Posted by CODEPINK Staff
Here’s part three of a summary of a fascinating talk last week in L.A. by journalist Anand Gopal at the Brave New Foundation studio, connected through his help on the BNF film, “Rethink Afghanistan,” attended by a few CODEPINKers. The first part of the summary is here and second part here.
Gopal devoted much of his talk to the conversation around Afghan women, one we've explored greatly here in our work against the war. Gopal explained that women’s rights have been pushed to the forefront and used as political propaganda in the war against Afghanistan. If nothing else, so they say, at least we are liberating the Afghan women. But the truth is, the lives of women in Afghanistan in many cases have not changed. In fact, they have worsened.
The lives of women have only improved in urban areas. In Kabul, women are allowed to leave the house. Wealthy women are allowed to attend school and some who are well connected can even have a job. The same is true in the central highlands of Afghanistan.
Outside of these two areas, however, women live a very different life. In those other areas, half of the population is missing. There are no women outside. Women are not allowed in the public sphere. Girls cannot go to school past puberty. An incredibly high number of women, 87 percent, in these areas suffer from domestic violence and 60 to 80 percent are in forced marriages. Of those women who are forced into marriage, 67 percent of them are under the age of 16. It comes as no surprise that women, therefore, have a high suicide rate. The hospitals are filled with women who have tried to kill themselves, mostly by lighting themselves on fire. Their life expectancy is only 42 to 43 years old, almost half of what it is in the United States. It is one of the most unequal societies in the world, only second to Sudan. The status of women in these areas have not changed, not one bit. The only thing that has changed is that in the areas where the Pashtun live they are living in a war zone. Women are still in prison either way.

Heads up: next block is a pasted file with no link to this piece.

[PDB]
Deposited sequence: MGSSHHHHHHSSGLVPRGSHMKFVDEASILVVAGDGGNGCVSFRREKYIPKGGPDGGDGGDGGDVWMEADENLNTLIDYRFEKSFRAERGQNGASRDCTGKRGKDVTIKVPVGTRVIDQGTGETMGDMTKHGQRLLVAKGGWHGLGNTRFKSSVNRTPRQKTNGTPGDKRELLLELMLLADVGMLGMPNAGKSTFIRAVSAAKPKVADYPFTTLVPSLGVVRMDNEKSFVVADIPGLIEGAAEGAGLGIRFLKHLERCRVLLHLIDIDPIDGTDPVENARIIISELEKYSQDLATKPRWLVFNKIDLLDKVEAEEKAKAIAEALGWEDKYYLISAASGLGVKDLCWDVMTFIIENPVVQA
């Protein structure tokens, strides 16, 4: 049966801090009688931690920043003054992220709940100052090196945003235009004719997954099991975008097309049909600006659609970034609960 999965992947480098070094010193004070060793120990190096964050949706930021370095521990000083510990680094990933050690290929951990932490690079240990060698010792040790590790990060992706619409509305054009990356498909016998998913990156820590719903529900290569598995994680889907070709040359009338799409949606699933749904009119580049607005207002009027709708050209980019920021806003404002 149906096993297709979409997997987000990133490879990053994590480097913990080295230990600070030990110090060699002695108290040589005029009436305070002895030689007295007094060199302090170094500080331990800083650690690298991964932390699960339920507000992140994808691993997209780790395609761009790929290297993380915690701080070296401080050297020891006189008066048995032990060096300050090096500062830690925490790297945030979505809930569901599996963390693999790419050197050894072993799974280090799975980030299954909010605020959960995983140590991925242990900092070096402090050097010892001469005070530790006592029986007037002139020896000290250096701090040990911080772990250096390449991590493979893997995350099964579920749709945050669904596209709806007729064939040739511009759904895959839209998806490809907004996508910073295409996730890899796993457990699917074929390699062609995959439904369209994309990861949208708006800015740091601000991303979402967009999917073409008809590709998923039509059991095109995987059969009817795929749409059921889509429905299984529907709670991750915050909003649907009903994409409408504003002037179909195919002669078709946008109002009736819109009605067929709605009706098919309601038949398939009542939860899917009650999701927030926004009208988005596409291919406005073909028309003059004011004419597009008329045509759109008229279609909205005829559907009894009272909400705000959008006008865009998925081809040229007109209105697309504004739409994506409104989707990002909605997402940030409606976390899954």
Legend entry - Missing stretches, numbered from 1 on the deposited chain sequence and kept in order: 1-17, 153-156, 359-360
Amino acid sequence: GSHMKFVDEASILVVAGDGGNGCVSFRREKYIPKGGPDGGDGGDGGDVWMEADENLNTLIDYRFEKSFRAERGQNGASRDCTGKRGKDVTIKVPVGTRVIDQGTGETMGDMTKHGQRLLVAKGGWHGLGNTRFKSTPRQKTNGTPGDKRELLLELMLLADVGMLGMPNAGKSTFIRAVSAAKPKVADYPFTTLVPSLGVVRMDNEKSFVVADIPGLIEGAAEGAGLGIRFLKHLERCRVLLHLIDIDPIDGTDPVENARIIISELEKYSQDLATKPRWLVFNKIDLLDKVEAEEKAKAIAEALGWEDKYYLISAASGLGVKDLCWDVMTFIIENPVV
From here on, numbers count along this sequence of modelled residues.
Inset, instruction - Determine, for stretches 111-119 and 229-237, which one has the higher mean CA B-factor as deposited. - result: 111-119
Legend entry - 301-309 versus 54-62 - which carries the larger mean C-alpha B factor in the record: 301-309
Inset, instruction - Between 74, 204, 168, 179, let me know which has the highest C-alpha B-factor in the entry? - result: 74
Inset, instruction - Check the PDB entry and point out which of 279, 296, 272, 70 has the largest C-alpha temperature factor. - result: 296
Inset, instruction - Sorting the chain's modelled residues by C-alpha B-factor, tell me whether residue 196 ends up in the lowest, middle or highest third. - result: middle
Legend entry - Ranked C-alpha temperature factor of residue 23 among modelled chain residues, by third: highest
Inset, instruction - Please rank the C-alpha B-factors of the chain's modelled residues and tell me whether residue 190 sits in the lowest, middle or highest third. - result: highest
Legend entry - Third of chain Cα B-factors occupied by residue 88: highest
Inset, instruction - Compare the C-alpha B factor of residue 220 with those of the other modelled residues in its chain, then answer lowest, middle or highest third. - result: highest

Because of the strict social codes, it proved to be difficult for Anand Gopal to interview women and allow their voices, which are normally silenced, to be heard. He found that the only real way around this was visiting the hospitals and talking with women who have survived a suicide attempt. By that point, the women felt they had nothing left to live for and could throw social norms out the window. One woman that Gopal spoke with had a story that is similar to many other women around the country. Her uncle came into her house and raped her. When the young Afghan woman told her parents, they became very upset because their family honor had been damaged. The family decided it would be best for her to commit suicide. Her mother poured the lighter fluid all over her body and then handed her a match to light herself on fire. Her suicide attempt failed and she was rushed to the hospital. She now has third degree burns all over her body. Her story is not unique; it is one of many in Afghanistan.
While women’s rights is a major concern in the Middle East, and American media spends an enormous amount of time focusing on rights of Middle Eastern women, the U.S. has done little to actually help. Talk of "saving" Middle Eastern women is used more as a tool for political propaganda and a way to gain sympathy and support for the occupation. Around the world, as countries develop women often gain rights and increase their status as a result. Similarly to Maslow’s hierarchy of needs, once people’s basic needs are satisfied they can work on satisfying higher level of needs, equal rights for all being one of them. If the U.S. really wanted to help women’s rights in Afghanistan and around the world, it should make development the number one focus and ensure that the money is being used to develop the country instead of fattening U.S.-based companies’ wallets.